The Morning Brief: Icahn Puts More Pressure on Apple

Carl Icahn has turned up the heat on Apple. The septuagenarian investor raised his stake in the maker of the iPhone and iPad by 22 percent, to 4.7 million shares, and called on the company to buy back $150 billion worth of stock. He said in an appearance on CNBC that if the company rebuffs his proposal, he may try to gain one or two seats on the board of directors if he felt he could win. “I will test the waters,” he told his favorite interviewer, Scott Wapner. “I think it is undervalued,” Icahn added. “I look at this as a no brainer.” He said his average purchase price on the stock is $440 and he thinks it is still “compelling at $550 and even $570.” The stock closed Thursday at $531.88, up 1.32 percent.

Richard “Mick” McGuire III’s San Francisco-based firm Marcato Capital Management applied more pressure on Sotheby’s. The one-time protégé of Pershing Square Capital Management’s William Ackman filed with regulators a major presentation for unlocking value at the company, including selling properties it owns in New York and London. McGuire’s firm controls 6.7 percent of the shares of the auctioneer. Meanwhile, Daniel Loeb’s New York-based Third Point owns 9.3 percent of the stock. Shares of Sotheby’s closed Thursday at $52.95, up 0.70 percent.

Thursday was an eventful day for Jeffrey Ubben’s ValueAct Capital. Three of its four largest holdings made some sort of news and in most cases surged as a result. Shares of Microsoft jumped 6 percent in after hours trading after it reported quarterly earnings and revenues that beat consensus estimates. It was the largest position of the San Francisco-based activist hedge fund firm at the end of the second quarter. Meanwhile, ValueAct reported selling nearly 3.5 million shares of its fourth largest holding, Adobe Systems, for between $52.52 and $53.22, reducing its total stake to 25.3 million shares. The stock rose 2.17 percent Thursday, closing at $54.21. Also on Thursday, Credit Suisse raised its price target on Motorola Solutions, Ubben’s second largest holding, noting the telecom equipment company recently reported “solid results.”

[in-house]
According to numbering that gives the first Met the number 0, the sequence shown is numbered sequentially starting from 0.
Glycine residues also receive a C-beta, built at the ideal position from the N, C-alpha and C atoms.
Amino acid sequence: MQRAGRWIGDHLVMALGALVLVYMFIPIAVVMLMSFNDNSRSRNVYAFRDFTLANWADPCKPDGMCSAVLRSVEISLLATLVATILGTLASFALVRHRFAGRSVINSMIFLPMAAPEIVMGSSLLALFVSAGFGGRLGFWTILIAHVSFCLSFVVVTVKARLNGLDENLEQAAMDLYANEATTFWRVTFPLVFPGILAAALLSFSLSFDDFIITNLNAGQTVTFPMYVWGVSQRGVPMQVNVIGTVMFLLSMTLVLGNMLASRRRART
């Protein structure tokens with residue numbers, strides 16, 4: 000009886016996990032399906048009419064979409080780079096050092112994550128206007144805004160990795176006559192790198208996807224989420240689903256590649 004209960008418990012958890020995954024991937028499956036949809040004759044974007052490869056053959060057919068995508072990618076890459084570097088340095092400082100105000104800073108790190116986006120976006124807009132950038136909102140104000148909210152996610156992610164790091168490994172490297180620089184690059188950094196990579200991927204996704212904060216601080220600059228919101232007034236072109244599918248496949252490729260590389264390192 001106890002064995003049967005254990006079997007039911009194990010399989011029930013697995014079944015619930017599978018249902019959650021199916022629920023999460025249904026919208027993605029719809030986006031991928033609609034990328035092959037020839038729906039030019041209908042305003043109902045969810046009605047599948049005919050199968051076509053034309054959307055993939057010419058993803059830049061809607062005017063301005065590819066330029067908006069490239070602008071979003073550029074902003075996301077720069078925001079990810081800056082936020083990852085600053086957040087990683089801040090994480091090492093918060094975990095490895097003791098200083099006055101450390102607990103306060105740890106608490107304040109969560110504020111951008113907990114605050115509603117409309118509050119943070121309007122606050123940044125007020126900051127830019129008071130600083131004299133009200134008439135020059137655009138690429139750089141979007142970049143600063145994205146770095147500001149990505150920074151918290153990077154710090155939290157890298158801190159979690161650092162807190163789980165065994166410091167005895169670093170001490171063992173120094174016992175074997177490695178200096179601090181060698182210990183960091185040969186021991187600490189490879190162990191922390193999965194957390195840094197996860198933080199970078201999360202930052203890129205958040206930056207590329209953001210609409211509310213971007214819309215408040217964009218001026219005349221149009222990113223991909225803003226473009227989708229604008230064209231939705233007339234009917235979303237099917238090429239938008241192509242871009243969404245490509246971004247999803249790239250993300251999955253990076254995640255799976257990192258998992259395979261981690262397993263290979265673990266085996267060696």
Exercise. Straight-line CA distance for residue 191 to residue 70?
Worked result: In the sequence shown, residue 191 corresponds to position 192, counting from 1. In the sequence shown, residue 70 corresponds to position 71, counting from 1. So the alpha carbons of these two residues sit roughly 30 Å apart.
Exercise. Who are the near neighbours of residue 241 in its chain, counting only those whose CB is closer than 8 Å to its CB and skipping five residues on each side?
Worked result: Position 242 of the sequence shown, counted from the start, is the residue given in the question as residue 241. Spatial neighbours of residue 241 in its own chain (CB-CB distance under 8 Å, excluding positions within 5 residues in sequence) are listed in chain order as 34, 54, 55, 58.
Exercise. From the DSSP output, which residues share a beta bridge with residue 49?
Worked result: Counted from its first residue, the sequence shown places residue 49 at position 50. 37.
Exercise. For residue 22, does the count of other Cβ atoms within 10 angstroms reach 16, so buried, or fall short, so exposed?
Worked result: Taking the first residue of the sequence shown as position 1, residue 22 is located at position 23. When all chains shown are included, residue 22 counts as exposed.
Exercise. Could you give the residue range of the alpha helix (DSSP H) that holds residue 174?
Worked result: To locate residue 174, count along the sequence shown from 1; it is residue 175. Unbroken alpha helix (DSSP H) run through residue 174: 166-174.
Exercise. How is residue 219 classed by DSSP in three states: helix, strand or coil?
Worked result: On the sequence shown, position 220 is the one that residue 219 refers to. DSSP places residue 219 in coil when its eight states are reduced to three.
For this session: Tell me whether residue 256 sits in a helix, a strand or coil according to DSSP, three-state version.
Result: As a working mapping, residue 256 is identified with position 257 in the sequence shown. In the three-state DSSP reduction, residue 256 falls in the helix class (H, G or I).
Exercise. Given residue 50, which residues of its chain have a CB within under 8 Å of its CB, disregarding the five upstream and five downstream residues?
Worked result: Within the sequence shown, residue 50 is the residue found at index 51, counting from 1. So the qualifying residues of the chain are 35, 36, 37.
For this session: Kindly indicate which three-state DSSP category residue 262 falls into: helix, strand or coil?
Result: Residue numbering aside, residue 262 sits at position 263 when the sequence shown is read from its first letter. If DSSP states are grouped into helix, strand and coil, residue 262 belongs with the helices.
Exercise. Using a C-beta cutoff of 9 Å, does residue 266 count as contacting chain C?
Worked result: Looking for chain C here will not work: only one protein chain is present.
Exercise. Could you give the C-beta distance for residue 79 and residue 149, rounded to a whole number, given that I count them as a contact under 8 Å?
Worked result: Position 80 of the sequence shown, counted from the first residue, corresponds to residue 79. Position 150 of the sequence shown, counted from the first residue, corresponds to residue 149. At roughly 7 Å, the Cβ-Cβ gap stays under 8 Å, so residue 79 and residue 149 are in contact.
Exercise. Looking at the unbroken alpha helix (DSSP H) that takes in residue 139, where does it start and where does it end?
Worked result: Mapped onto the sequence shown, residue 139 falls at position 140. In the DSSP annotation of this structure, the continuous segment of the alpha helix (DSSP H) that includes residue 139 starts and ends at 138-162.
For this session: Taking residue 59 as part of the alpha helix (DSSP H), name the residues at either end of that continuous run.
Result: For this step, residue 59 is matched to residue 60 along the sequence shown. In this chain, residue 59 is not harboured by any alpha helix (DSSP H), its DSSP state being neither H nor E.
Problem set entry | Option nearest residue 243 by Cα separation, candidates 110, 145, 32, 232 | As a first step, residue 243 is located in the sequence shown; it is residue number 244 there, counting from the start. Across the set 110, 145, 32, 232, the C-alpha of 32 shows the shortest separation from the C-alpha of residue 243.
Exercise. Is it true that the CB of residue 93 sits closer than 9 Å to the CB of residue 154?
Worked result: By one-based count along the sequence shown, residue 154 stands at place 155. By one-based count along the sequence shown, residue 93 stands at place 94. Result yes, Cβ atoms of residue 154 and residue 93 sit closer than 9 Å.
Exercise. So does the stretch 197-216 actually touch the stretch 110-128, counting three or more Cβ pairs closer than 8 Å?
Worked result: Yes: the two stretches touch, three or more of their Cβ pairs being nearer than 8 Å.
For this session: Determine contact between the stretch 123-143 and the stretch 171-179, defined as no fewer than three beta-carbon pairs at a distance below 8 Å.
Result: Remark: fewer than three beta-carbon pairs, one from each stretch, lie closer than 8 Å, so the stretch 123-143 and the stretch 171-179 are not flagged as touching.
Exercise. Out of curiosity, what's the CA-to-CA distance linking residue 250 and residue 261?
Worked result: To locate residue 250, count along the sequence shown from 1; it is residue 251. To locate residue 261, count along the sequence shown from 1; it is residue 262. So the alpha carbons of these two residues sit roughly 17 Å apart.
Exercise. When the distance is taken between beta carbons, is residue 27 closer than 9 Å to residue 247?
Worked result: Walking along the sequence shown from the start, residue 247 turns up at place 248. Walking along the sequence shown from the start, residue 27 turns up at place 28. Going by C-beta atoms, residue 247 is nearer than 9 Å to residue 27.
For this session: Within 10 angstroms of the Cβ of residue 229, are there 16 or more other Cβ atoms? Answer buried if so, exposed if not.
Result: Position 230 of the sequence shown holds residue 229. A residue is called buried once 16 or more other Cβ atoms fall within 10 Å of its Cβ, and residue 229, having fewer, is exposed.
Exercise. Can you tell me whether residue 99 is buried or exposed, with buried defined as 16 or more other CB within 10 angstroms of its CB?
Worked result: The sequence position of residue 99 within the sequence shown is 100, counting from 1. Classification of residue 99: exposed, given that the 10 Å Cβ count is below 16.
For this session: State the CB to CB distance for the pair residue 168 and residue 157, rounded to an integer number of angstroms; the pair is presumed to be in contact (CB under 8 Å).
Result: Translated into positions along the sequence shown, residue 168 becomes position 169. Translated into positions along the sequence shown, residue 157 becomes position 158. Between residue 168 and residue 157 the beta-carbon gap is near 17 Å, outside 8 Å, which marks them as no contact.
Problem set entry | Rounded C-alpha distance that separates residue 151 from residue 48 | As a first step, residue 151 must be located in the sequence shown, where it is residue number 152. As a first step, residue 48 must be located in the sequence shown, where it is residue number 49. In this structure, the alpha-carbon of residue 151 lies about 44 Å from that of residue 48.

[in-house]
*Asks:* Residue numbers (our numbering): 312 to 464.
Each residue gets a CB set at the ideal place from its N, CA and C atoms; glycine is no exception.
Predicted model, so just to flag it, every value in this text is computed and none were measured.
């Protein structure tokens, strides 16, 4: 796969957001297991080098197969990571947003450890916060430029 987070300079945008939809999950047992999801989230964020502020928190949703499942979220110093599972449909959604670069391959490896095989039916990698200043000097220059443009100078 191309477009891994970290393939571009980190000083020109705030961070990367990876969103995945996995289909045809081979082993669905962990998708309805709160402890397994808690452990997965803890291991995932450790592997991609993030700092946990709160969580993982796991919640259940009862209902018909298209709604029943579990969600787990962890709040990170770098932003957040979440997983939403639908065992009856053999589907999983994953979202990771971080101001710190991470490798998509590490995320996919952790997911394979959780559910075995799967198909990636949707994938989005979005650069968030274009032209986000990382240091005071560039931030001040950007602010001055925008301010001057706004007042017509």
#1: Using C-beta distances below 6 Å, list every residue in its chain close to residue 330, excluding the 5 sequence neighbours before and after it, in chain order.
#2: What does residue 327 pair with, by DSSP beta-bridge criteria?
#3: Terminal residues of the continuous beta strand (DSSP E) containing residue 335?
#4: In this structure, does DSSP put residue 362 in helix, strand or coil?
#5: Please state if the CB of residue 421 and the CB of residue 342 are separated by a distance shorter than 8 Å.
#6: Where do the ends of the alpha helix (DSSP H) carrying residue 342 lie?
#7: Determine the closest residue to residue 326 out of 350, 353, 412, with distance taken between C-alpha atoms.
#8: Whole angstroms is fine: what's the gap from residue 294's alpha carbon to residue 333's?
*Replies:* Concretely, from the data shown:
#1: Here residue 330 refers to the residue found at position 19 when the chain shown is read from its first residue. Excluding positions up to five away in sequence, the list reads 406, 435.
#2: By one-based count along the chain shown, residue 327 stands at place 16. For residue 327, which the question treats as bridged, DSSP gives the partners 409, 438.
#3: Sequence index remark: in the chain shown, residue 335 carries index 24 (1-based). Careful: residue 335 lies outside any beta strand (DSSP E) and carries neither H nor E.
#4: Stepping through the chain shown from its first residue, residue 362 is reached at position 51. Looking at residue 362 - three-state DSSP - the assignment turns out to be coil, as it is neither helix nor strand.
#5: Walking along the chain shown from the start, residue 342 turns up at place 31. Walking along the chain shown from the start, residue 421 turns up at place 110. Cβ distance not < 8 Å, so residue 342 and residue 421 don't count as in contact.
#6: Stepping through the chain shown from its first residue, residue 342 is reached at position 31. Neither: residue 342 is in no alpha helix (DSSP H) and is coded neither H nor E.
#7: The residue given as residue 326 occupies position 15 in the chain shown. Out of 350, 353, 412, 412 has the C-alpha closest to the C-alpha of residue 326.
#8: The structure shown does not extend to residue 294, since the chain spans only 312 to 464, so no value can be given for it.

The co-founder and president of Dallas-based Highland Capital is apparently locked in a nasty divorce. James Dondero claims pending lawsuits have left him legally insolvent despite earning more than $36 million in 2010. (For perspective, $36 million would never come close to qualifying for Alpha’s Rich List.) This divorce, which has already played out over two years, has become so intense that even his one-time partner of the $18 billion firm is testifying on behalf of Dondero’s wife, Rebecca, claiming her husband said he planned to hide assets.

Shares of AutoNation surged 1.75 percent to close Thursday at $49.42. The stock is the second largest holding in the concentrated portfolio of Edward Lampert’s Bay Harbour, Florida-based ESL Partners. Shares of the auto retailing giant are up roughly 25 percent this year.